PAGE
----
I love these two pictures of a well-cared-for antebellum mansion in 1939 Alabama with a tall grass lawn — early no-mow or at least seldom-mow.
Above and below is the W.P. Welch Mansion in Selma, Alabama. It was built in 1858.
Years ago, we had neighbors who tore down their house and built another on the same spot, in the style of a Victorian farmhouse. While the contractors were finishing the interior, the small bare front yard was covered with straw. Tall grass soon grew up through it, and the effect was something like the above. It was beautiful — remnants of beige straw, wavy green grass, and one old peegee hydrangea limbed up into a small tree.
Of course, as soon as they could, they tilled it up and put down sod and foundation shrubs. I always thought it was too bad. Before, it had actually evoked some real ideas and emotion about real farms.
Long Lane Farm (above), St. Mary’s County, Maryland.
A lot of the houses I’ve looked at in the Carnegie Survey of the South collection are decrepit or abandoned. They have “lawns” of tall grass, weeds, and a some remaining flowers. But they are beautiful resting in their wavy, ragged negative space. Their foundations aren’t obscured by shrubs; their porches float.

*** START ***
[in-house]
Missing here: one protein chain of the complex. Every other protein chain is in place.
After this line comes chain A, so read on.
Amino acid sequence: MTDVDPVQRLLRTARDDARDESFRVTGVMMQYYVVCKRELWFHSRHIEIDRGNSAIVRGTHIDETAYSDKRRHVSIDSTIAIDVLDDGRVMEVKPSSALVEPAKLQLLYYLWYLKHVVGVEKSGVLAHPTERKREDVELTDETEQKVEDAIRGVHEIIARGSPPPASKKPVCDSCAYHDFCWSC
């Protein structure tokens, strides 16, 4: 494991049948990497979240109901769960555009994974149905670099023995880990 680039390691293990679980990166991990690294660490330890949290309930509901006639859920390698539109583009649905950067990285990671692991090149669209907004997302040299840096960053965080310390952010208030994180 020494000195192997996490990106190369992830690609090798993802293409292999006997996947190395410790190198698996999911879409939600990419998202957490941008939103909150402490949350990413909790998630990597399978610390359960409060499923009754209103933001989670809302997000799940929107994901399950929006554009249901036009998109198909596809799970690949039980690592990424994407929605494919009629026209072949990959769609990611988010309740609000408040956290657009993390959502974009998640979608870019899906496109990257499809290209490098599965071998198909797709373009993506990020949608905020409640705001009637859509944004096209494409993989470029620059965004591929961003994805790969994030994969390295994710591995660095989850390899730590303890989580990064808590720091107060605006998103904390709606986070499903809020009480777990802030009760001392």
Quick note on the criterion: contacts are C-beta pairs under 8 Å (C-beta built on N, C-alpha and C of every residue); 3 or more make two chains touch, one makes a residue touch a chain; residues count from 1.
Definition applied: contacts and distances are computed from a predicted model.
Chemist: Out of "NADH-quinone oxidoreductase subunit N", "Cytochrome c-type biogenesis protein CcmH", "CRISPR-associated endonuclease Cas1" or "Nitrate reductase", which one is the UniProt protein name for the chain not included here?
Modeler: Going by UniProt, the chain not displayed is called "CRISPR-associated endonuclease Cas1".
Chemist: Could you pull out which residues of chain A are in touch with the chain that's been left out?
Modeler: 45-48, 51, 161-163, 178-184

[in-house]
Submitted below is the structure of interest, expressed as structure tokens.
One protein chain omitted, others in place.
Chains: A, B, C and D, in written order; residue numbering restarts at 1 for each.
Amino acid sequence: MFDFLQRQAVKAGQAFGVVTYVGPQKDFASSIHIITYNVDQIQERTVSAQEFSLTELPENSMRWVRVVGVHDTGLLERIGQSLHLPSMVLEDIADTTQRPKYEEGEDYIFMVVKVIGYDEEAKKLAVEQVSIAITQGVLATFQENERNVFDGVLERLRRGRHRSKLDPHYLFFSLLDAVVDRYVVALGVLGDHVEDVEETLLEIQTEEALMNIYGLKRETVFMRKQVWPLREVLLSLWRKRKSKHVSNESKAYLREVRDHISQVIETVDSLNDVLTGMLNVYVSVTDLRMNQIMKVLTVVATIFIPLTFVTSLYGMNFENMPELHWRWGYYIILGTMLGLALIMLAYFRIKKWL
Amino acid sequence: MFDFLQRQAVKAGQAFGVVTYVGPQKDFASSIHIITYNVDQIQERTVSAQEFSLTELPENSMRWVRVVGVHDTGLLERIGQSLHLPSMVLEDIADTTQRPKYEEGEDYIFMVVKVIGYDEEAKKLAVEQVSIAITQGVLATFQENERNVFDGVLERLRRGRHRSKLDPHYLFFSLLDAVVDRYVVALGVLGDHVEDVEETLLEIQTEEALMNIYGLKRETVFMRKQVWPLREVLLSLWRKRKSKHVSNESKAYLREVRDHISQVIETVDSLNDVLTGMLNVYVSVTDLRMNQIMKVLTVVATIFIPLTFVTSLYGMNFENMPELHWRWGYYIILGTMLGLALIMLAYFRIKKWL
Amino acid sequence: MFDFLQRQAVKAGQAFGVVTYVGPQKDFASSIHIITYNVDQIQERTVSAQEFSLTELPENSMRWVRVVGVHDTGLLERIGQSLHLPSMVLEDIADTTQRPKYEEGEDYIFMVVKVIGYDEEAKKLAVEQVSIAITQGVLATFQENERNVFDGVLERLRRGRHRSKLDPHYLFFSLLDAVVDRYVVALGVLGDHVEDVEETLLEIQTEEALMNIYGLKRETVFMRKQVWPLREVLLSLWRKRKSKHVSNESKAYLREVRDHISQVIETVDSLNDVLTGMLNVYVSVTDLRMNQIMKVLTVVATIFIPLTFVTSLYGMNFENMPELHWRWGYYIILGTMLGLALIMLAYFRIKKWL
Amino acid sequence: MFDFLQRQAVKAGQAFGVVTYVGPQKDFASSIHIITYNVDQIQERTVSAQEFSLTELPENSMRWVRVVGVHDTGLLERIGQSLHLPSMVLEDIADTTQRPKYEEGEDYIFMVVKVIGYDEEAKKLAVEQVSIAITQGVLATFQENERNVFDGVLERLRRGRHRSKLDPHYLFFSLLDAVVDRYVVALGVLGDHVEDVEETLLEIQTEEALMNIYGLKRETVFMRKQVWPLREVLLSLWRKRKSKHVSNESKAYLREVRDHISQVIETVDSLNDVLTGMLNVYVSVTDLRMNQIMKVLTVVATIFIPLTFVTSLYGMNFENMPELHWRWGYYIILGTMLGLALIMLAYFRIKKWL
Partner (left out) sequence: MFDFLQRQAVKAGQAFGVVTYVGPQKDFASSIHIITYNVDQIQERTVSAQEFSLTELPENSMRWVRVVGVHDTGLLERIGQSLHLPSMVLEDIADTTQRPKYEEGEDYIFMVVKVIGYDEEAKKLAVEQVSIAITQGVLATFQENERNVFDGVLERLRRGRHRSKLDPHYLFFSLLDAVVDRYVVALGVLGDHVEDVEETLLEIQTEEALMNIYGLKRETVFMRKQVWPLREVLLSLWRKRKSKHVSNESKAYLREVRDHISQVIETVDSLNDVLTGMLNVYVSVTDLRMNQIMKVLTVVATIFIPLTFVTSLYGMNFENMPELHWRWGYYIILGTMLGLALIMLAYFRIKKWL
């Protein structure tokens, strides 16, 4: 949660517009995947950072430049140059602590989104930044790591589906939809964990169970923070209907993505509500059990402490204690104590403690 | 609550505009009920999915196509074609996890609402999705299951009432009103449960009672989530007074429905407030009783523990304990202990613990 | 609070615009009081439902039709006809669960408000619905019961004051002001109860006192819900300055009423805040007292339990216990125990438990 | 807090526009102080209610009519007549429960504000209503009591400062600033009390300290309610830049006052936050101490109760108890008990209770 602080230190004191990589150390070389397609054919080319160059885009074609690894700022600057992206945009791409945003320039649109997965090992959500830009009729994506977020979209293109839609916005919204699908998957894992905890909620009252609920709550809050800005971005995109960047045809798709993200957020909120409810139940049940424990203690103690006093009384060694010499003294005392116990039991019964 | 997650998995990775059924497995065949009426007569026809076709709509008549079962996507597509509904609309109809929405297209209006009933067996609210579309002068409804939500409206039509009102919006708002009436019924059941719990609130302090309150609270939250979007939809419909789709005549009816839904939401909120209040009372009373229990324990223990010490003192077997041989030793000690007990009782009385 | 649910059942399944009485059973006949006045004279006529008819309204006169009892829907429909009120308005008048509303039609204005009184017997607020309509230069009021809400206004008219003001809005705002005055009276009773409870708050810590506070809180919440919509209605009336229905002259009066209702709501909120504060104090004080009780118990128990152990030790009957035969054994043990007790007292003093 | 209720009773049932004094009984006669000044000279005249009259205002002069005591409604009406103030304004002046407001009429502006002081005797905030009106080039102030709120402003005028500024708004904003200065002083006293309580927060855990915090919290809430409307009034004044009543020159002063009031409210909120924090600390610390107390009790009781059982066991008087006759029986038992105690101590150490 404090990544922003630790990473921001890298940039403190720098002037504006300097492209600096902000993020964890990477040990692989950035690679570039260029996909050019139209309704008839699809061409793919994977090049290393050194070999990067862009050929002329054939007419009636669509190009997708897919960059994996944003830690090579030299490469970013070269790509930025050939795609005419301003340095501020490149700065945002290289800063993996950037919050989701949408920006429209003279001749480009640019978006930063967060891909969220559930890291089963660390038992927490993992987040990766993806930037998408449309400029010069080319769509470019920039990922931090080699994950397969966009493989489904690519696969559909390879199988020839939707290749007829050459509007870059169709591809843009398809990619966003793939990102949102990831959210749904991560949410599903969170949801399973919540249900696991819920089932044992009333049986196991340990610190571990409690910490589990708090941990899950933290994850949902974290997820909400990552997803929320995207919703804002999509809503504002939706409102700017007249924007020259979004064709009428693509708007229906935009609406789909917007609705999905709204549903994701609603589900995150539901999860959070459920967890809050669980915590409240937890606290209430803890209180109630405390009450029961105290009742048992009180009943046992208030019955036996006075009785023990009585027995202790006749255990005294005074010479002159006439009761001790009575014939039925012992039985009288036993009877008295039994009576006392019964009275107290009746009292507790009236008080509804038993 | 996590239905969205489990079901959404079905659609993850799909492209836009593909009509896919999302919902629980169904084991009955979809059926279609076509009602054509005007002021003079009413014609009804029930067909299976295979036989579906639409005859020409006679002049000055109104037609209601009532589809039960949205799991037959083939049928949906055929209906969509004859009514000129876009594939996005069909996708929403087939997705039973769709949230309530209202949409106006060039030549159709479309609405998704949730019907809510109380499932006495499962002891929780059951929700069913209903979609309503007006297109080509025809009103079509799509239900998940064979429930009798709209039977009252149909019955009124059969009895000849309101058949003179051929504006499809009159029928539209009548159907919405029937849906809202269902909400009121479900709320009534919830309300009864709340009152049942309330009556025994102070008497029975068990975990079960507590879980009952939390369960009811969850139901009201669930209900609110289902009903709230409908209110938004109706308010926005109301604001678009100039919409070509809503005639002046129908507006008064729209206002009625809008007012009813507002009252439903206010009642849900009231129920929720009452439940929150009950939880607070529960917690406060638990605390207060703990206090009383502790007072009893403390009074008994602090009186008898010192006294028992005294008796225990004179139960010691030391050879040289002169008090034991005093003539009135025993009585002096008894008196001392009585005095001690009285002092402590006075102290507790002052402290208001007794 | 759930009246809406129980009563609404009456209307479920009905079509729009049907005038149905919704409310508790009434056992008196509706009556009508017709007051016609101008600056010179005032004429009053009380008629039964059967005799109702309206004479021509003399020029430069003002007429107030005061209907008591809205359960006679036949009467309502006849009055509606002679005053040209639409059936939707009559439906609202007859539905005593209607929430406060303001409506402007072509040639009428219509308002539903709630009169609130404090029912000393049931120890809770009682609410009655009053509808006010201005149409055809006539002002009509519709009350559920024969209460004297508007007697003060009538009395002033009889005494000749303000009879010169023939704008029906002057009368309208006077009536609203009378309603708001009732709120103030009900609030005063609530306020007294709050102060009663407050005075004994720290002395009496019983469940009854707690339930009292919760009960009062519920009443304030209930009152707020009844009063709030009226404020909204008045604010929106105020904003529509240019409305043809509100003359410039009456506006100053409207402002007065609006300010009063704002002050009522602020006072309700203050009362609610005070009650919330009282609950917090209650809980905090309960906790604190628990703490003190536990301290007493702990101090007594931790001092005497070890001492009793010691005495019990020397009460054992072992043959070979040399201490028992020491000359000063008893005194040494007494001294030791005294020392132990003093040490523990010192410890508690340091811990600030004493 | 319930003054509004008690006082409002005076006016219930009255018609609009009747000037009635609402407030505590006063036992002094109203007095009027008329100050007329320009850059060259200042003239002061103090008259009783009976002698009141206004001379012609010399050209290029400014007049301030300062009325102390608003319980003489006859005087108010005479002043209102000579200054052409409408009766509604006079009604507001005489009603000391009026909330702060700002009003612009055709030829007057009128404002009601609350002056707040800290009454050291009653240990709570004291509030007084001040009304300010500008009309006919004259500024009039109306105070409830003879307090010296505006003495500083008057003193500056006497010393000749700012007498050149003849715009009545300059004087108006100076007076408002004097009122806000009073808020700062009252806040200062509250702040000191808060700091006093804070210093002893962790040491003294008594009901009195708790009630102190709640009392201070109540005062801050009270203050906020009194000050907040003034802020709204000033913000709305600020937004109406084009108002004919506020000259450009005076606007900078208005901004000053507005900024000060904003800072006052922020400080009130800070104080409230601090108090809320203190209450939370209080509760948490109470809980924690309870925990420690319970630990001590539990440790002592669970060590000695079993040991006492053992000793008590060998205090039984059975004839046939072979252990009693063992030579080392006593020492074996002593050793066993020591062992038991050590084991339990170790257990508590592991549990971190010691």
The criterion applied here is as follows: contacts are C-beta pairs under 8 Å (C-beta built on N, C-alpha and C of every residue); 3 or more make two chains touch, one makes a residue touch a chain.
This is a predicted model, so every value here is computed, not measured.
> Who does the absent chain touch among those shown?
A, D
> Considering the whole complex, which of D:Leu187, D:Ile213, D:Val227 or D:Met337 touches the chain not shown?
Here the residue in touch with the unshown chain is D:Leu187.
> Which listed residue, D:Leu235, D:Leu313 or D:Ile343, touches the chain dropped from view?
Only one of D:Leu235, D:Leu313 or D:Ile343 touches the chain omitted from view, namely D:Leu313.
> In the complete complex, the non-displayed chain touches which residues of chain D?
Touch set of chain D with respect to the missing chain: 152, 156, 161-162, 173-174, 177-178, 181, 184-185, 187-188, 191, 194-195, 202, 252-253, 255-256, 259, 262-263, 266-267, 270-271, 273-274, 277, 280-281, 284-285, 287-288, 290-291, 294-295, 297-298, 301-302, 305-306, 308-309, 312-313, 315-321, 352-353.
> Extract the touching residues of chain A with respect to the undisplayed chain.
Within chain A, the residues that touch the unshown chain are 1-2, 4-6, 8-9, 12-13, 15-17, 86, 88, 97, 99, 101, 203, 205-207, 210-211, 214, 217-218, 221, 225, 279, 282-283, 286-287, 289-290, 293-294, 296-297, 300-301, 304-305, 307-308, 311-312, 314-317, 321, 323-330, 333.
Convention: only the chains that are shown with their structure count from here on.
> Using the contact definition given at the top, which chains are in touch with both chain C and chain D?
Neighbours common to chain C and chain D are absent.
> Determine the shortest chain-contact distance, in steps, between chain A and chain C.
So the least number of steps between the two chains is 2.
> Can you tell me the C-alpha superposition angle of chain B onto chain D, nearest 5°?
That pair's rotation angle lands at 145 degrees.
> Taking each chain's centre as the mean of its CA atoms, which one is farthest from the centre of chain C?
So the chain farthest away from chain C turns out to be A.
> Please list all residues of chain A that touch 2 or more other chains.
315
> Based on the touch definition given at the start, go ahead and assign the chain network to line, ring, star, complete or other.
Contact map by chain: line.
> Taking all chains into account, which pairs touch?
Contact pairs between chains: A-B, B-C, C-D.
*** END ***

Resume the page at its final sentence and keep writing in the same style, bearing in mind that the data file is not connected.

Beauregard House (above), Chalmette, Louisiana.
Cabin (above), St. John the Baptist Parish, Louisiana.
(above) Moccasin, Louisiana.
Uncle Sam Plantation (above), St. James Parish, Louisiana.
Prospect Hill (above), Airlie, North Carolina.
Driscoll Farm (above), St. Mary’s County, Maryland.
Greenway, aka Marlee (above), Charles City County, Virginia.
(above) New Roads, Louisiana.
Elizabeth Hill (above), St. Mary’s County, Maryland.
Woodlawn Plantation (above), Napoleonville, Louisiana.
All photos by Frances Benjamin Johnston, taken in the late 1930s for the Carnegie Survey of the South, via Library of Congress Prints and Photographs Division.